Every year in Canada tens of thousands of people get a concussion. That number is estimated at around 60 million per year globally. Most often these result from falls or car accidents, but they can happen in sports, from play, or just accidents around the house.
So what exactly is a concussion? A concussion is defined as a mild traumatic brain injury, and it occurs when there is enough force created by a blow to the head, the body, or a rapid acceleration or deceleration that causes the brain to move around inside the skull. Interestingly, this doesn’t cause any physical damage to the brain, like bleeding, but it does cause a reversible biological dysfunction. Basically, the biomechanical forces lead to a cascade of neuromechanical events which cause functional impairments to the brain. So it is not physical damage to the brain, it is a chemical and metabolic reaction that alters the brain’s normal function. This is why concussions can’t be assessed by x-rays, MRIs or CAT scans. This is also why there are no longer any grades of concussion such as mild or severe. You either have a concussion or you don’t! The signs, symptoms, and durations will differ from person to person, and even with subsequent concussions.
What should you do if you think you, or a family member, has a concussion? First, the person should stop whatever activity they were doing. This will decrease the risk of causing another injury, or of causing more longer-lasting symptoms. Second, concussions need to be diagnosed by a medical doctor. Does that mean that every person with a suspected concussion needs to be rushed to the ER? Not necessarily. However, if someone has sustained an injury that could cause a concussion there are certain red flags that would indicate they need immediate medical care. These include: loss of consciousness; neck pain or tenderness; double vision; a severe or increasing headache; weakness or tingling in limbs; vomiting more than once; growing confusion; increasing restlessness, combativeness or agitation; or a deteriorating conscious state. If you notice any of these, call an ambulance right away.
Signs and symptoms of a concussion can vary widely, but tend to fall into a few specific categories. Emotional symptoms such as feeling more sad or angry, anxiety, being easily upset, or having limited attention and avoiding social interaction. Cognitive and fatigue symptoms include intense fatigue, sleep disruption, difficulty concentrating or remembering, feeling slowed down or in a fog, and low energy. Migraine-type symptoms include intermittent headaches, or headaches upon waking, with nausea, light or sound sensitivity, with visual auras, or motion sickness. Lastly, ocular symptoms can include blurry vision, difficulty focusing, eye strain, difficulty reading, and a headache or fatigue triggered by visual activity. These symptoms can last anywhere from a few days to several weeks. Post-concussion syndrome is defined as symptoms lasting longer than a few weeks and can affect some people for up to a year or more.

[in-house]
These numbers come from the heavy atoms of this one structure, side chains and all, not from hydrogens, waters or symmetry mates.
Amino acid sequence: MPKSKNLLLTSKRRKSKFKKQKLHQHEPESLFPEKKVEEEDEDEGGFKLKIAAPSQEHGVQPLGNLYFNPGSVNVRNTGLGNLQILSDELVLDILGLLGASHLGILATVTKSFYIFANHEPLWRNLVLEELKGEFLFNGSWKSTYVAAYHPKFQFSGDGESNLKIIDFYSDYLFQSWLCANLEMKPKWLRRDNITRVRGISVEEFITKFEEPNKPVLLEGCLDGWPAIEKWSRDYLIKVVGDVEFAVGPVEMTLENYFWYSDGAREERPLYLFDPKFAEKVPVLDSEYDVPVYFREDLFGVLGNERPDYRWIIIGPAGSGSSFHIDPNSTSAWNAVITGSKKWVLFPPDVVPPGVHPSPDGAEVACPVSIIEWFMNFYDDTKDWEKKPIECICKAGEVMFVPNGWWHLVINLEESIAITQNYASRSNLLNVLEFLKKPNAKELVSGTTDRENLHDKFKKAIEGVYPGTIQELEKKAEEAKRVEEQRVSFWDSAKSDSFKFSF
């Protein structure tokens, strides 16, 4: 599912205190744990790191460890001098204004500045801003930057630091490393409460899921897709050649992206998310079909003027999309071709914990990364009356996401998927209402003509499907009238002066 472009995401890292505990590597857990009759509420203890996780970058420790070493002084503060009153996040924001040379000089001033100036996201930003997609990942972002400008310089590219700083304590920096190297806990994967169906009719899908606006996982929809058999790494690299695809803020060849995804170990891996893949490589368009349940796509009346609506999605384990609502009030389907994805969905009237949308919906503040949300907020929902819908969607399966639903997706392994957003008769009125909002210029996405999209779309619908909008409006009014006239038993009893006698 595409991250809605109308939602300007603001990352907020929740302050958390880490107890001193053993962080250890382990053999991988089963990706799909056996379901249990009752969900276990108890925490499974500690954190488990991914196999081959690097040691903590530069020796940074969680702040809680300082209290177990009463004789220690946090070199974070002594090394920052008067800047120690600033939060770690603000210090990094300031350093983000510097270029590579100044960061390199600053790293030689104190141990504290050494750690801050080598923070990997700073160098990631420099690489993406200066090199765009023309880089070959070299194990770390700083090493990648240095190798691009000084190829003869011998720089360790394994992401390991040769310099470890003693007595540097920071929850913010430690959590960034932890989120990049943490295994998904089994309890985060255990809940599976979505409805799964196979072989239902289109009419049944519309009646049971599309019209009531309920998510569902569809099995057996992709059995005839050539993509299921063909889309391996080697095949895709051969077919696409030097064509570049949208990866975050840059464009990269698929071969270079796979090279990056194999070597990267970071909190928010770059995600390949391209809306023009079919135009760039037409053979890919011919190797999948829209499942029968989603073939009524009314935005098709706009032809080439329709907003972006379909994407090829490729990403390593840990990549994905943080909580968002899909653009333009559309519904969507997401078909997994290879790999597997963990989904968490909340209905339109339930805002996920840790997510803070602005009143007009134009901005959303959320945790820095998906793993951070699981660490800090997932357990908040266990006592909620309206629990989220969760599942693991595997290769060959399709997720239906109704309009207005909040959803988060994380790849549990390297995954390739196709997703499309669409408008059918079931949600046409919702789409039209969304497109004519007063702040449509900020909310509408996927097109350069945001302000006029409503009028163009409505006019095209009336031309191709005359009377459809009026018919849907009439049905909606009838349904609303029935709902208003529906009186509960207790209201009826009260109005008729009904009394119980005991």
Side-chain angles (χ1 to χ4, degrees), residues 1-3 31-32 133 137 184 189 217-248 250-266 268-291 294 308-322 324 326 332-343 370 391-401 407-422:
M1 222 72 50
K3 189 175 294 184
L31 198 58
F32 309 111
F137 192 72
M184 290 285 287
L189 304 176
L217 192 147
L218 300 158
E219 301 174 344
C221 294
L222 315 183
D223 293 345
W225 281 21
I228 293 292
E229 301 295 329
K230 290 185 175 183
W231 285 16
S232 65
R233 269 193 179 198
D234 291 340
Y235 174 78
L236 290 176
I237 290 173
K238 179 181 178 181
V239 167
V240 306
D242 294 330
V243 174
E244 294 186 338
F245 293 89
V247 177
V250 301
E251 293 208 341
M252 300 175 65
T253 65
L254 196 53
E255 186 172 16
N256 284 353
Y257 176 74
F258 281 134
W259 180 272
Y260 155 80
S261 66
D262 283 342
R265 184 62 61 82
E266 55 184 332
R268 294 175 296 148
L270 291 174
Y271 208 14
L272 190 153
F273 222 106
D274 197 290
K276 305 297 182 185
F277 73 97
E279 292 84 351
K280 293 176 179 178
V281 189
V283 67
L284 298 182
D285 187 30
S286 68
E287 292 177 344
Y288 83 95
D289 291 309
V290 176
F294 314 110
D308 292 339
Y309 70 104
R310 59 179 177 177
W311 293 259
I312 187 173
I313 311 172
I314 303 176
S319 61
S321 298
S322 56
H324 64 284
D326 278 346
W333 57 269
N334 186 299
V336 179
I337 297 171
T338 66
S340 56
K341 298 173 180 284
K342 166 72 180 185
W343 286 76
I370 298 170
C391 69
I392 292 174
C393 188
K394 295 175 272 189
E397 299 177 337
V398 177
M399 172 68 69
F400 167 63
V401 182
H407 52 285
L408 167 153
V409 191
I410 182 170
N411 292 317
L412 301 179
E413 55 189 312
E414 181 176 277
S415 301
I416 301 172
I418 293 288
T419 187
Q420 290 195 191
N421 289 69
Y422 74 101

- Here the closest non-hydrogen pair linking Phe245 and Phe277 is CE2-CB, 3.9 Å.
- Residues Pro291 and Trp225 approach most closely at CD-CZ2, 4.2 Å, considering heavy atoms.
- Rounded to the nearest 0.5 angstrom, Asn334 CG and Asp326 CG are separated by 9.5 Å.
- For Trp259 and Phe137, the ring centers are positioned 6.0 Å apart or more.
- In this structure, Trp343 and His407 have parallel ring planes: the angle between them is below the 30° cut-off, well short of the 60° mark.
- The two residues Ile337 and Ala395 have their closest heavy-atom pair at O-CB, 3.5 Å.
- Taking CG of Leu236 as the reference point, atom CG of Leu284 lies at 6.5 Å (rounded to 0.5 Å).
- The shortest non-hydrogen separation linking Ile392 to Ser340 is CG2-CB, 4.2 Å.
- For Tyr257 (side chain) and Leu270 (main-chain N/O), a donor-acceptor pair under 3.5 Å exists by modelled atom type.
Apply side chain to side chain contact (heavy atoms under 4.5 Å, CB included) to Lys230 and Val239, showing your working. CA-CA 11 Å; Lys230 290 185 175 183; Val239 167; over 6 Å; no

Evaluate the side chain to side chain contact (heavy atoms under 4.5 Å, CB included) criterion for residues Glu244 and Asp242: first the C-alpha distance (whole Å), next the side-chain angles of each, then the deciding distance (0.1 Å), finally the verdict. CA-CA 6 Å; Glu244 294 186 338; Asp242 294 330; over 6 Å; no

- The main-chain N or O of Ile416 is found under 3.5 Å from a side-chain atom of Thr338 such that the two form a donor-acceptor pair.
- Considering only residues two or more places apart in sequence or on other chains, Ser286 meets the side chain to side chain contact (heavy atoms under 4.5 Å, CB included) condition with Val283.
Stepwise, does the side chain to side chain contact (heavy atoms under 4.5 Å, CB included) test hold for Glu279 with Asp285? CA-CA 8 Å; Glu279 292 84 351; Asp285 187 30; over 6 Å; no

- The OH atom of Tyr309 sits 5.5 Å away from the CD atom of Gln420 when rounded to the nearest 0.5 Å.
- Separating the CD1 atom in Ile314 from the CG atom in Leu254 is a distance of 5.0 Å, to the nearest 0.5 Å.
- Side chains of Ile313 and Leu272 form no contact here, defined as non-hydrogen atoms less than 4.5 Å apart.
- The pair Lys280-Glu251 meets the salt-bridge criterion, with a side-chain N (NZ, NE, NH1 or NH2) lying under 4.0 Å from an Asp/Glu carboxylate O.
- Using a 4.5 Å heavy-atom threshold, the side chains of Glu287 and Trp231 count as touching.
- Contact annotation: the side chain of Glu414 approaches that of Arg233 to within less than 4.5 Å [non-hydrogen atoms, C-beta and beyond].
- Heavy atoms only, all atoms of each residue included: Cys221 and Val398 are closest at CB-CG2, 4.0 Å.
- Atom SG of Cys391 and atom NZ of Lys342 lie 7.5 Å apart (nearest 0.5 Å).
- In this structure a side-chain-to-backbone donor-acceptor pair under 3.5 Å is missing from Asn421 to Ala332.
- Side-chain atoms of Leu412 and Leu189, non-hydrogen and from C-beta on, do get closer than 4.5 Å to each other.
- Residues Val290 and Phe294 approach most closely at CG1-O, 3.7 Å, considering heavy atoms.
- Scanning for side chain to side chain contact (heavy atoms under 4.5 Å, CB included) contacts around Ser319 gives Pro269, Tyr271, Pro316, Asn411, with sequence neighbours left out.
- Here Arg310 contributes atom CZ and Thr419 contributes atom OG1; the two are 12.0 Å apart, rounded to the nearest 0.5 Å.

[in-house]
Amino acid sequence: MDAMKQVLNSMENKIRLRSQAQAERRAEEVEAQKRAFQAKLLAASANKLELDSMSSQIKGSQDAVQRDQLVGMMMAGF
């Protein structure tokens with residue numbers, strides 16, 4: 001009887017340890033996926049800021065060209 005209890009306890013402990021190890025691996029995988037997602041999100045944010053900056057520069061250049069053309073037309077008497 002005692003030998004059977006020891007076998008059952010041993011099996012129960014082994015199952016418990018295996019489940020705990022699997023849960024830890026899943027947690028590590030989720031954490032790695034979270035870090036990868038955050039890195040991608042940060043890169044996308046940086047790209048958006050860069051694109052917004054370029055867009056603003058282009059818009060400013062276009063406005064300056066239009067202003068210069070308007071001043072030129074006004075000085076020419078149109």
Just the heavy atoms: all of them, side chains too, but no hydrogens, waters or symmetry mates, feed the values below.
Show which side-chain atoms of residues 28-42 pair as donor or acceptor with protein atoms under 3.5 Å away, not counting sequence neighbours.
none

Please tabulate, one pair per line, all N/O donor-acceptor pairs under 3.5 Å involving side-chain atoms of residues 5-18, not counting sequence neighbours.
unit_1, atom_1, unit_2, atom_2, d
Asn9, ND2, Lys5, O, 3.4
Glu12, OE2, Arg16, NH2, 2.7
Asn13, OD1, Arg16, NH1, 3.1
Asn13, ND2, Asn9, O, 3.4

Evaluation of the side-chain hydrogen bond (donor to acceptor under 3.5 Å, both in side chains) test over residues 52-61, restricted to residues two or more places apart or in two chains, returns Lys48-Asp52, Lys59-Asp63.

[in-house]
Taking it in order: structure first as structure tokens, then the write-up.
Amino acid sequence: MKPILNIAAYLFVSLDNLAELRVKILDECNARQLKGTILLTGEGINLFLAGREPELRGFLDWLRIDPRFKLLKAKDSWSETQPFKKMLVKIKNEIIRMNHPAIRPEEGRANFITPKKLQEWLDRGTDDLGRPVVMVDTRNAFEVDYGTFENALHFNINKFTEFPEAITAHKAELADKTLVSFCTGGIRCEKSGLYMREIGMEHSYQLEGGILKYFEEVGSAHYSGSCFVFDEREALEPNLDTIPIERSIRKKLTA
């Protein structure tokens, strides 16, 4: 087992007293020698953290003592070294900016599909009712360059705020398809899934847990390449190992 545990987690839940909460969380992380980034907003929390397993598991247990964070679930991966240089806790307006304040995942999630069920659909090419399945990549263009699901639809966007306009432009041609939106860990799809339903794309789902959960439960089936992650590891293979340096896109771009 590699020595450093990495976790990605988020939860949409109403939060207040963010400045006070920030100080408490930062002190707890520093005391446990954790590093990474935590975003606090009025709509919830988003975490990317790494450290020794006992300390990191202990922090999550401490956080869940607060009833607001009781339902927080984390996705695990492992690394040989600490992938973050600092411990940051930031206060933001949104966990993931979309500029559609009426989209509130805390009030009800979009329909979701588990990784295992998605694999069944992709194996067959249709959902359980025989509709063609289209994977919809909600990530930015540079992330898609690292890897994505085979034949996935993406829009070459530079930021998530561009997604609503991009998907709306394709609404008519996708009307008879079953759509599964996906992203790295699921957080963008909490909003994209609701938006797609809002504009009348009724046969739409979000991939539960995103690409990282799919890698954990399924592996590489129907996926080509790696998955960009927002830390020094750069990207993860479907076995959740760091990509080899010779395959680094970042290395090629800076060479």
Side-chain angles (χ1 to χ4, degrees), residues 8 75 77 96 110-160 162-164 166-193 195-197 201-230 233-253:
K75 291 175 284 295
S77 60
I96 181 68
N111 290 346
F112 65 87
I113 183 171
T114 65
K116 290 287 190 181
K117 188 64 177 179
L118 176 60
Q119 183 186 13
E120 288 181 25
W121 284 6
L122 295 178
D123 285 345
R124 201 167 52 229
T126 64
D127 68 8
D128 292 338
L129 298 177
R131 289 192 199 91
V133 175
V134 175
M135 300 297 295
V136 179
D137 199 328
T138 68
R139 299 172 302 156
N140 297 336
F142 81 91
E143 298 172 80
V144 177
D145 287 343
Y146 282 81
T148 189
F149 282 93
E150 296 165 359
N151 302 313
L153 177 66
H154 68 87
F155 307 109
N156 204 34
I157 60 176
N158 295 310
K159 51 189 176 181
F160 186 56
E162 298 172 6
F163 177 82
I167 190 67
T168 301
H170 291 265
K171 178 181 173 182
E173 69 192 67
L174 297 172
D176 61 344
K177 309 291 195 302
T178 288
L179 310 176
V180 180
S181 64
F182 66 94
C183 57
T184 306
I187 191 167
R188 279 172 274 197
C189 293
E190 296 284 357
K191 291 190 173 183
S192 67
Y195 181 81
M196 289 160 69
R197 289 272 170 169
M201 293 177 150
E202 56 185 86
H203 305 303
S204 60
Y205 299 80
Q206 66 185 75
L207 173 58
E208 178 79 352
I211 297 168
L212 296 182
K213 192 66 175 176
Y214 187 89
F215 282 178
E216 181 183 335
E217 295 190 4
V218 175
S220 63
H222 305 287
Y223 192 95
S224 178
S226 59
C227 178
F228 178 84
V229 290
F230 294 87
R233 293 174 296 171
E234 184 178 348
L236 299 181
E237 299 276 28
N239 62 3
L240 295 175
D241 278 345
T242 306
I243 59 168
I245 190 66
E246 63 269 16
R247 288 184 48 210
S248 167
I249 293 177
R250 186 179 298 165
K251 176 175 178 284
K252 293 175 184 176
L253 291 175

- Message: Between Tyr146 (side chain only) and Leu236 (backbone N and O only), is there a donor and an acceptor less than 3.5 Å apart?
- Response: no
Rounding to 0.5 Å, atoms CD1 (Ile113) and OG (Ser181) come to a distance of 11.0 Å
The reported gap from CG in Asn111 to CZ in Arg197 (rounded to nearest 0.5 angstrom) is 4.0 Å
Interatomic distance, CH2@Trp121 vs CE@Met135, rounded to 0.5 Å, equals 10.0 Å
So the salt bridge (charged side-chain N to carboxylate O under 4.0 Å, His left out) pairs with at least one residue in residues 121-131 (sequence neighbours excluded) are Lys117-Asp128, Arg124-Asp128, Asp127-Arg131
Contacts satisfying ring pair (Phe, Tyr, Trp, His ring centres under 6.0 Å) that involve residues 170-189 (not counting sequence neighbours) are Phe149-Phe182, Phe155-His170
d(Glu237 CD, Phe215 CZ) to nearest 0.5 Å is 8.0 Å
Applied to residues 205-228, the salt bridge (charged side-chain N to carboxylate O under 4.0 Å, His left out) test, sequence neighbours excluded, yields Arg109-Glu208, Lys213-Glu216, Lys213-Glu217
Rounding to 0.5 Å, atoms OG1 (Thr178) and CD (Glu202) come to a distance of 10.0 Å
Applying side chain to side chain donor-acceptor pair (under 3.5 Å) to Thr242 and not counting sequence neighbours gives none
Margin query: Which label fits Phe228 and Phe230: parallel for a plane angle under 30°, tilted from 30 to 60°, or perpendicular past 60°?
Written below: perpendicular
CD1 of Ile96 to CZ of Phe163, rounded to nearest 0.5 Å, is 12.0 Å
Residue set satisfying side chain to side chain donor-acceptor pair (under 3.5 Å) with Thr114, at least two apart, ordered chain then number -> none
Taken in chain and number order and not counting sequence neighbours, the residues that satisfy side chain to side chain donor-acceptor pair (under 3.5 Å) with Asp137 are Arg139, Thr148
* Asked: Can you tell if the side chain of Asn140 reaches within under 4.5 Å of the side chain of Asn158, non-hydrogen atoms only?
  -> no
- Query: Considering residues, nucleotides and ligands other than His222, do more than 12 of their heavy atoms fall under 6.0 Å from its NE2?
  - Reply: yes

Once a person has been diagnosed with a concussion, and further injuries or complications have been cleared, they can begin treatment. Treatment recommendations have changed significantly over time. For example, it used to be standard protocol to wake a person up every couple hours the first night to check their conscious state. Now it is recognized that the best action to take in the first 1-3 days is to get lots of physical and cognitive rest, and avoid anything that exacerbates symptoms, specifically trying to limit screen time. It also previously used to be recommended that the person should rest and avoid all activity and stimulation until symptoms have fully resolved; so essentially they were supposed to cocoon until they were better. Recent studies have shown however, that gradual early return to light activity and daily life actually helps speed recovery and reduce symptoms. A trained clinician can perform a test to determine the person’s sub-symptom threshold for aerobic exercise and help direct and monitor an exercise protocol. Other treatments that are helpful in dealing with concussions include manual therapies, nutritional support, psychological support, and oculomotor and vestibular rehab if needed.
Gradual return to work, return to school, or return to activity is very important following a concussion. To see some examples of what this might look like, you can check out the resources available at parachutecanada.org, which is a website produced by the Public Health Agency of Canada. A medical professional can help supervise this process, and will work with a team of health professionals as needed to address specific symptoms a person may be experiencing. If you need help managing a concussion or post-concussive syndrome the therapists at Bragg Creek Physiotherapy would be happy to assist you.
Susie MacPhee, BKin, CAT(C)
Certified Athletic Therapist